Now, this is what I call a tough prompt – I can’t remember the last time I did not have a few books lying around, except….maybe….uh, there’s a little spark of memory here —

I was in seventh grade, and had ‘overgrown’ Enid Blyton. Well overgrown isn’t the right word, but I had finished seven mystery series be her, three sets of school stories and thousands of short stories. I had read all the Nancy Drew novels in my local library, and was now in the painful dilemma of trying to decide what to read further. Needless to say, I had quite high standards.

This was when my mother suggested that I give the ultra-famous Harry Potter series by JK Rowling a try.

“I have been reading quite a few reviews of it in newspapers. Apparently children all over the world love it”.

I wasn’t really enthused, “Ma, you know I don’t like all that magical mumbo-jumbo. I never liked ghost and fairy stories. I want real stories, mysteries if possible!

But my mother was adamant, “People wouldn’t like it if there wasn’t something good in it. Read it. You might be surprised“.

I grudgingly agreed to borrow the first book Harry Potter and the Philosopher’s Stone from the library, but made sure to borrow a Nancy Drew mystery at the same time. Just in case!

The Book that changed me

The Book that changed me

While we were still on the bus, I flipped the book open, and started reading the first chapter – The Boy Who Lived

 I couldn’t put it down! The Nancy Drew mystery lay untouched, gathering dust, as I reveled in the magic of Rowling’s words. I was hooked. 

The next two weeks, I dragged my mother to the library every alternate day for the next part, and gobbled it up with as much enthusiasm as I had read the first book. I forgot everything else in the world….including my studies. So my dad laid down a ruling – NO MORE BOOKS TILL AFTER EXAMS. 

I was on the sixth book, Harry Potter and the Half-Blood Prince, and the verdict destroyed me. I just had to find out what happened next! The suspense was agonizing. Voldemort was out there somewhere, and(*SPOILER ALERT*) Dumbledore was dead! There were seven horcruxes and they could be anywhere! Ginny and Harry had broken up, and stupid Ron still hadn’t kissed Hermione! I had to know what happened next.

But my parents remained firm.

That night I dreamt of the seventh book, Harry Potter and the Deathly Hallows. I kept trying to pick it up and read it, but it kept moving away from my reach; so tantalizingly close yet just an inch away.

DeathlyHallowsCover

I pounced on it and was about to read it — when I woke up, and found myself clutching my pillow.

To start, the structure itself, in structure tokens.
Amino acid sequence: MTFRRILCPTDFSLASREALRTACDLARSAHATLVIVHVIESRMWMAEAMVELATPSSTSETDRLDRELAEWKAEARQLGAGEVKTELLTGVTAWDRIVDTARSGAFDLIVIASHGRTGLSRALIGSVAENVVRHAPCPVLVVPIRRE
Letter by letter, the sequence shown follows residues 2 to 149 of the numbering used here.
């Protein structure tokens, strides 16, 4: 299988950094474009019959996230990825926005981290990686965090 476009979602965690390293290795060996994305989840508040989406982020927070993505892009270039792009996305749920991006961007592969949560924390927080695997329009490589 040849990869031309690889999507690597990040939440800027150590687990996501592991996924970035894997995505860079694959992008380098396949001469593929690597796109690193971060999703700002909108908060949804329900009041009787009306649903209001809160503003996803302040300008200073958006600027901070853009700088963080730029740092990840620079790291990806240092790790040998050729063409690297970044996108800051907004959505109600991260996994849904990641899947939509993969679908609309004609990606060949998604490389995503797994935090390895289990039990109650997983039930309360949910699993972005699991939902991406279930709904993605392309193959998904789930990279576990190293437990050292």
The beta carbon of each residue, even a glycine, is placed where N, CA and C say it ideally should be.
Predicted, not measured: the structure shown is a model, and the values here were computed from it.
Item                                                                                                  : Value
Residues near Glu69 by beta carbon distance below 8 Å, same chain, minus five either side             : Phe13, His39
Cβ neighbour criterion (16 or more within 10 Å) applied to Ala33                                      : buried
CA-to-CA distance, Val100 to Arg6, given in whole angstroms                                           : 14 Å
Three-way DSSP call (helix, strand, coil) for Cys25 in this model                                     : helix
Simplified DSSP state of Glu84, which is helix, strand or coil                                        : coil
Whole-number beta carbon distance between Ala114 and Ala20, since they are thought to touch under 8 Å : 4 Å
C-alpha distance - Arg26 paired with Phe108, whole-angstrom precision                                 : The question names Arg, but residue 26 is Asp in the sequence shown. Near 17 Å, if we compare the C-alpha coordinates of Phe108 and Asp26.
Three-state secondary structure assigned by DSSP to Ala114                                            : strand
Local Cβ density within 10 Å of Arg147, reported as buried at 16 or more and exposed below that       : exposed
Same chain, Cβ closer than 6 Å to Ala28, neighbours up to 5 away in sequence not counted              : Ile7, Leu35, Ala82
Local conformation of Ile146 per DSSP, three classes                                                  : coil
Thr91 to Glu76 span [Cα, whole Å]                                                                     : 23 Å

I burst into tears, which melted my mother’s heart long enough to let her make a bargain with me – I could get the book, but I had to finish it in one day.

It wasn’t a bad bargain. The book was so engaging that I could barely put it down anyway! I stayed up the entire night reading it, and fell asleep with the book still in my hands.

With Harry Potter began my newfound love for the fantasy genre. Soon Chronicles of Narnia followed. Followed by Twilight, Vampire Diaries, Vampire Academy, Percy Jackson, Heroes of Olympus, Artemis Fowl, The Mediator Series and The Kane Chronicles. I remain an ardent fan till date, and all because:

Mr and Mrs Dursley, of number four, Privet Drive, were proud to say that they were perfectly normal, thank you very much.

Just Be – the Conundrum of a First-Year College Student

The four years of my high school I spent in studying as hard as I could….so that four years down the line I could get into my dream college, and I did. I topped my class, passed out with flying colours and a lot of accolades, and before I knew it, I was standing at the gates of the college I had always wanted to get in, doing the course I wanted.

I should have been happy — but instead I felt lost. Where do I go from here? I wasn’t the only one. A few of my friends reported feeling similar symptoms of lethargy. We had lost the drive, the one goal that had been guiding our life till now. I lost interest in studies. Everything felt worthless. I tried planning for my career after college, but the road beyond the three years of college seemed so dark and gloomy, so full of unexpected twists and unknown obstacles, that thinking about it gave me goosebumps and panic attacks. I was almost in the midst of an existential crisis. I had spent most of my teenage life driving at breakneck speed towards this destination, and now that I was here, I had no idea where to go now.

It struck me quite suddenly, randomly out of the blue, but one day I just shook myself:

What are you so melancholic about? This is where you wanted to be for the last four years. You worked hard to reach here, and now that you are here, you are thinking of what to do when you leave?! 

Idiot! (Being me, I am allowed to call myself names 😛 ) Enjoy these three years to the fullest. Revel in the glory that is today. The rest will sort itself out, as and when it happens. Don’t think about that. 

Just BE!